Bosses aside, you wonít face many monsters that donít fall into one of those three groups. I would have liked a bit more variety. Even a generic kobold or two would have spiced things up a bit, but there are none in sight. Itís not like there are a lot of bosses, either; youíll fight three or four impressive foes over the course of the entire game (including a final boss that is actually one of the coolest that Iíve ever encountered in a dungeon crawler). None of the bosses are especially difficult, but at least they look cool and provide a welcome diversion from the standard foes.



Environments are repetitive, as well. After I finished the game and watched the credits, I was dumped unceremoniously into the post-game contentÖ which basically amounts to nothing but the chance to grind if you havenít maxed out your character stats. Youíre deposited in the gameís first area and left to roam around in hopes of finding some goblins to bash. There are no new side quests or anything, just a few characters standing around and some merchants. It took me awhile to realize where I was, since one portion of the gameís world looks much the same as the next. There were a few highlights, like standing puddles of water (that donít reflect your character or even ripple when you try to splash through them) and a water wheel at a dead end near the bottom of a cave, but mostly Daggerdale is visually adequate but unimaginative.

If you do find yourself having a good time in spite of the gameís flaws (which is quite possible if you really love the genre), the good news is that there are four character classes to experience. There also are a lot of weapons to gather, and you can play the game cooperatively if you manage to sucker a friend into downloading it. Achievements are easily obtained, if youíre willing to put in the required time; youíll obtain four of them just for completing the game alone, another for doing so with a friend and a number of others for gathering a bunch of gold, items or goblin hides.

Dungeons & Dragons: Daggerdale has a lot of glitches, very little plot, almost no enemy variety and a sloppy interface that sometimes makes playing the game a chore. The first few hours almost immediately feel tedious, but the game improves from there. Unfortunately, it never really does anything especially memorable. Even with a cooperative multi-player mode and multiple classes, thereís not much reason to continue playing once youíve completed the brief main quest. Someday the title will likely be available at a discounted price and worth a purchase for that reason. In the meantime, though, itís a difficult game to recommend to anyone but the diehard dungeon crawler fan.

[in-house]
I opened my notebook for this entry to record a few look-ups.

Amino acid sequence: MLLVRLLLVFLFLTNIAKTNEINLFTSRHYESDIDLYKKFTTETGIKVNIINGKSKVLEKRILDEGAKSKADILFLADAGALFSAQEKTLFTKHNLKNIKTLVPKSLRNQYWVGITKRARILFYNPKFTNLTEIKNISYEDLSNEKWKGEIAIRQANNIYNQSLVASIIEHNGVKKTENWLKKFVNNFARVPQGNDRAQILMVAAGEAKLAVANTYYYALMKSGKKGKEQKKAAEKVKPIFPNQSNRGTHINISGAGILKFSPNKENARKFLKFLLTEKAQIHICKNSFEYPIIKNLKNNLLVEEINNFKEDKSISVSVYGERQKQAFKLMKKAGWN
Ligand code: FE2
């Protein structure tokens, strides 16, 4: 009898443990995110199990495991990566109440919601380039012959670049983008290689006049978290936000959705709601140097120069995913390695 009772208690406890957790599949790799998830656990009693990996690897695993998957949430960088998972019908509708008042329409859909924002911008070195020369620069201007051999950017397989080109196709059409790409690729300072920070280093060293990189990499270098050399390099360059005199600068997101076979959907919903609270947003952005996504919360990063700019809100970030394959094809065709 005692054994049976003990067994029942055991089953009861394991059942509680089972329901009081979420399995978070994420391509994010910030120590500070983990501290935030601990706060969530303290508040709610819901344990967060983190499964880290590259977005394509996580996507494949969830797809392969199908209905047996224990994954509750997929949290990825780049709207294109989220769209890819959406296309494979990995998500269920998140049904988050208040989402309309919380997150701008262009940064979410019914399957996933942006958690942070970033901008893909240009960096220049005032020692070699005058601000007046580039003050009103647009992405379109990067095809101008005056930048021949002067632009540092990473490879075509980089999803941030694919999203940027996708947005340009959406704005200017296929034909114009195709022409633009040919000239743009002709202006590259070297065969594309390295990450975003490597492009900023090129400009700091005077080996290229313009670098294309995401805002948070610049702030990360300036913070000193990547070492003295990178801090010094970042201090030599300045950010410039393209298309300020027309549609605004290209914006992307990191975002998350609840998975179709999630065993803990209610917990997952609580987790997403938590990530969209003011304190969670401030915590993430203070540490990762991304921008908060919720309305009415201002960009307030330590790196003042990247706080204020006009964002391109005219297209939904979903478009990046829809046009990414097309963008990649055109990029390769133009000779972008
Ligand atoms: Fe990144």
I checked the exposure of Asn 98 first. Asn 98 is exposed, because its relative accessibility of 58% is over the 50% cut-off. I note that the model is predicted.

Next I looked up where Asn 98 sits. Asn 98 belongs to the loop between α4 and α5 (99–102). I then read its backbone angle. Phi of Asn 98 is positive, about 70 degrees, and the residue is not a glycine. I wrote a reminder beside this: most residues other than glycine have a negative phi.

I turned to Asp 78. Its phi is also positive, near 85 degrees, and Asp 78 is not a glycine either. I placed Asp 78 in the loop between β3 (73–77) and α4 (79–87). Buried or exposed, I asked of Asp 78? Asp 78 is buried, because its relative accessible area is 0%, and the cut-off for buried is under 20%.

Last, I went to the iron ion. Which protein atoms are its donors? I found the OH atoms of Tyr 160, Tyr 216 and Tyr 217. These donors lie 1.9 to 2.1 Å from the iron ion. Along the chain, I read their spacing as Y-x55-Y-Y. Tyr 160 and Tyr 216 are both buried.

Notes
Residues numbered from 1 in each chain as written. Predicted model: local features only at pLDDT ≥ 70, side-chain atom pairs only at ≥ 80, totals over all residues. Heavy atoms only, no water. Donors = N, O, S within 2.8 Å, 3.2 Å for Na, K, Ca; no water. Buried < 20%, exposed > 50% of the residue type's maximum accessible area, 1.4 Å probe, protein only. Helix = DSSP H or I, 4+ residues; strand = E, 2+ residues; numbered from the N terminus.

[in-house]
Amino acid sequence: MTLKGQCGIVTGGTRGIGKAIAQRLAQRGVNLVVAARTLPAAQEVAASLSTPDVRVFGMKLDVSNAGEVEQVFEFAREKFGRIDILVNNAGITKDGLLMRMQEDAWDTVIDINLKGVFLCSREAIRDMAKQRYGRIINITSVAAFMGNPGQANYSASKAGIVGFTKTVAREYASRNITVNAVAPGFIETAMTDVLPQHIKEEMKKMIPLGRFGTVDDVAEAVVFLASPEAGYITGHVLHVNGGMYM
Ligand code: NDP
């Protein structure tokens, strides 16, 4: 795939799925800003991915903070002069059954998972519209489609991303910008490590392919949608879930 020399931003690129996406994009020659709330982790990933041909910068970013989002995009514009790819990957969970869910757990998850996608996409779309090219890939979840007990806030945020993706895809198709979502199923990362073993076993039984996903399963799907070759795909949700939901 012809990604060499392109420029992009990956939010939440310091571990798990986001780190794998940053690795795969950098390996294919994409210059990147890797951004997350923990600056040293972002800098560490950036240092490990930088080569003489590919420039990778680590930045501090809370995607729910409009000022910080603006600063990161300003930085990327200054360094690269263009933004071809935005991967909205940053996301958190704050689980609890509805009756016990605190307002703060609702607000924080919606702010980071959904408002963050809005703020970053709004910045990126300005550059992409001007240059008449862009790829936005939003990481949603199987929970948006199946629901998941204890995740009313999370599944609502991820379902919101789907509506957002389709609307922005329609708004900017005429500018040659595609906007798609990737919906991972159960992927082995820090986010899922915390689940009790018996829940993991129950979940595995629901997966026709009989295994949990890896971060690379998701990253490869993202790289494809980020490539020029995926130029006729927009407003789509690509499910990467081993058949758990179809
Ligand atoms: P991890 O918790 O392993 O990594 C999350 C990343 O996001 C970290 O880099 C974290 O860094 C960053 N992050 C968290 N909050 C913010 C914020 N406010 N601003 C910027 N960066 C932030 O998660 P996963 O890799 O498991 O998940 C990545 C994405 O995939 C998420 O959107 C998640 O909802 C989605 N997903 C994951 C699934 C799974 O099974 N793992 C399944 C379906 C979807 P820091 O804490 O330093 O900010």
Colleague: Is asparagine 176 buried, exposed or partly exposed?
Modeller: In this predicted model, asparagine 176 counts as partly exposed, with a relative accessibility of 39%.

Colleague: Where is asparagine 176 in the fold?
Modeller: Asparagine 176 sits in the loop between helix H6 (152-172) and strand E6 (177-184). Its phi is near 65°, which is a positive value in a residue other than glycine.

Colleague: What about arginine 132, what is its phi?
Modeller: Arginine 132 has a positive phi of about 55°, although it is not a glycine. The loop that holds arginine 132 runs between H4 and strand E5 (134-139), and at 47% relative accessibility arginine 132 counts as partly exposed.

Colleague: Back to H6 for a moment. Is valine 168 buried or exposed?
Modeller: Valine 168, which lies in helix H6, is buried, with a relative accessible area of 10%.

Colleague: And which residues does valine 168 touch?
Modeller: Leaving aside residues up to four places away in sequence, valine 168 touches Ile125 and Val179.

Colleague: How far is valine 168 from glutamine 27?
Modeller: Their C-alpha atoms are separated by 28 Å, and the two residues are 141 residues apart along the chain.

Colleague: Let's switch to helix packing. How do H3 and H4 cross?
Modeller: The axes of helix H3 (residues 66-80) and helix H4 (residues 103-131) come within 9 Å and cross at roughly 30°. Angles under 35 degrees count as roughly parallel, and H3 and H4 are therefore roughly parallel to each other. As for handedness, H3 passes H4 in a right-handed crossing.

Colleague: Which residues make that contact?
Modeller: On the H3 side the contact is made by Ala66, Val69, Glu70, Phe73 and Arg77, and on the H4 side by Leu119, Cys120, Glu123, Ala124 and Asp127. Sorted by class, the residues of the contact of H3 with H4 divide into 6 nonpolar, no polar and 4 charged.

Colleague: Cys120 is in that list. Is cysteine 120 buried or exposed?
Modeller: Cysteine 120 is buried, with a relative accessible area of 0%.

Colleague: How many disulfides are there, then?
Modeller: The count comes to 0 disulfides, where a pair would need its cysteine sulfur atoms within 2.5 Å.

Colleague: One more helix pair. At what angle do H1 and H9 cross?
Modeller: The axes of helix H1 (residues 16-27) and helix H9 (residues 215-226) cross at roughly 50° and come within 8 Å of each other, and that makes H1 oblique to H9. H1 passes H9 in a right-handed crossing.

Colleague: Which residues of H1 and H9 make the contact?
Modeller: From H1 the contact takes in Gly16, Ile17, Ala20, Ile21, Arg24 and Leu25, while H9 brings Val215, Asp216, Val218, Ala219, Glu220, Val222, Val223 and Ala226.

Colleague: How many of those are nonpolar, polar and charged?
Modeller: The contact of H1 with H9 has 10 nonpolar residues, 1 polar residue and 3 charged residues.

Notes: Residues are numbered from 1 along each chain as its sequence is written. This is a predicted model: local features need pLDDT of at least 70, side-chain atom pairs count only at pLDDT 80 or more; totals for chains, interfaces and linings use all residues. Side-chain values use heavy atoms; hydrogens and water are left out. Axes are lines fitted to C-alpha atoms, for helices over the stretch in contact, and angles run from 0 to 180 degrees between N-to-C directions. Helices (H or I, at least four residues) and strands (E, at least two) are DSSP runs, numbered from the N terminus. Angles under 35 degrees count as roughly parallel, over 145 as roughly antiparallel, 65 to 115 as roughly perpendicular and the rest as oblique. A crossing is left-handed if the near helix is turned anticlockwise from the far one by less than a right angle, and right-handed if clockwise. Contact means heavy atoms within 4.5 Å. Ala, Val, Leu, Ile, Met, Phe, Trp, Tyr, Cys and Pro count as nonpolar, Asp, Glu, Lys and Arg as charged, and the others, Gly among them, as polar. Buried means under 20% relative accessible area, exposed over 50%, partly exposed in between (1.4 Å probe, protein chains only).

Rating: 5/10

honestgamer's avatar
Staff review by Jason Venter (May 26, 2011)

Jason Venter founded HonestGamers in 1998, and since then has written hundreds of reviews as the site's editor-in-chief. He also is a prolific freelancer with game reviews, articles and fiction available around the Internet.

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JoeTheDestroyer posted May 27, 2011:

Well done, Jason. I'm sad now, since I was looking forward to this game. I was planning on loading 2000 MSP and picking up this and Fancy Pants Adventures soon, but it sounds like you saved me 1200 points.

I liked that you described the story as "remarkably uninteresting". Those are two words you usually don't see strung together like that because, as far as I know, they denote different things. But bearing in mind that this is a D&D game and they have tons of material at their disposal, yet the best Bedlam came up with is a basic dungeon crawl storyline with very few creatures. With such material to work with, it's remarkable that the story isn't interesting. Nice one.
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overdrive posted May 27, 2011:

When I saw a review of a new D&D game, my first hope was that someone decided to try to replicate the insane glory of the Gold Box era.

After reading the review, I am now sad.
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zippdementia posted May 28, 2011:

My only confusion is why this received a 5. Not to resurrect old boring discussions about the "numbers" but I do think it sounds like a 3 or even a 2 is more appropriate for our system. A five lists a game as "Average:
As a whole, this game is quite average. You're unlikely to find much of anything remarkable about it at all. "

When in fact it sounds like the glitches are quite remarkable. I've never come across a lying autosave!
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honestgamer posted May 28, 2011:

I feel my rating is fair to both consumers and to the game. It's rare indeed that a game with this many glitches doesn't find most of them fixed shortly after launch. In this day and age, it's safe to assume that the developers will fix most or all of them.

So why did I mention the glitches at all? Precisely because they hammered home the game's less fixable elements. Even when all of the patches are released and most or all of the glitches fixed, you'll be left playing a game that's very similar to what I experienced on a core level. Patches aren't likely to add in new enemies, better story elements and so forth. So I reviewed a game that was inefficiently put together and poorly executed, but a game that is still playable and one that can still provide moments of enjoyment for fans of the genre and this sort of experience. There were moments where I did have fun playing it and there are moments where it works well enough that a lower score wouldn't have been a proper reflection of my experience.
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shotgunnova posted May 29, 2011:

Good review. I was thinking about getting it myself, but the last paragraph made its ordinariness clear. Oh well, more MSP for eventual Skyrim goodies.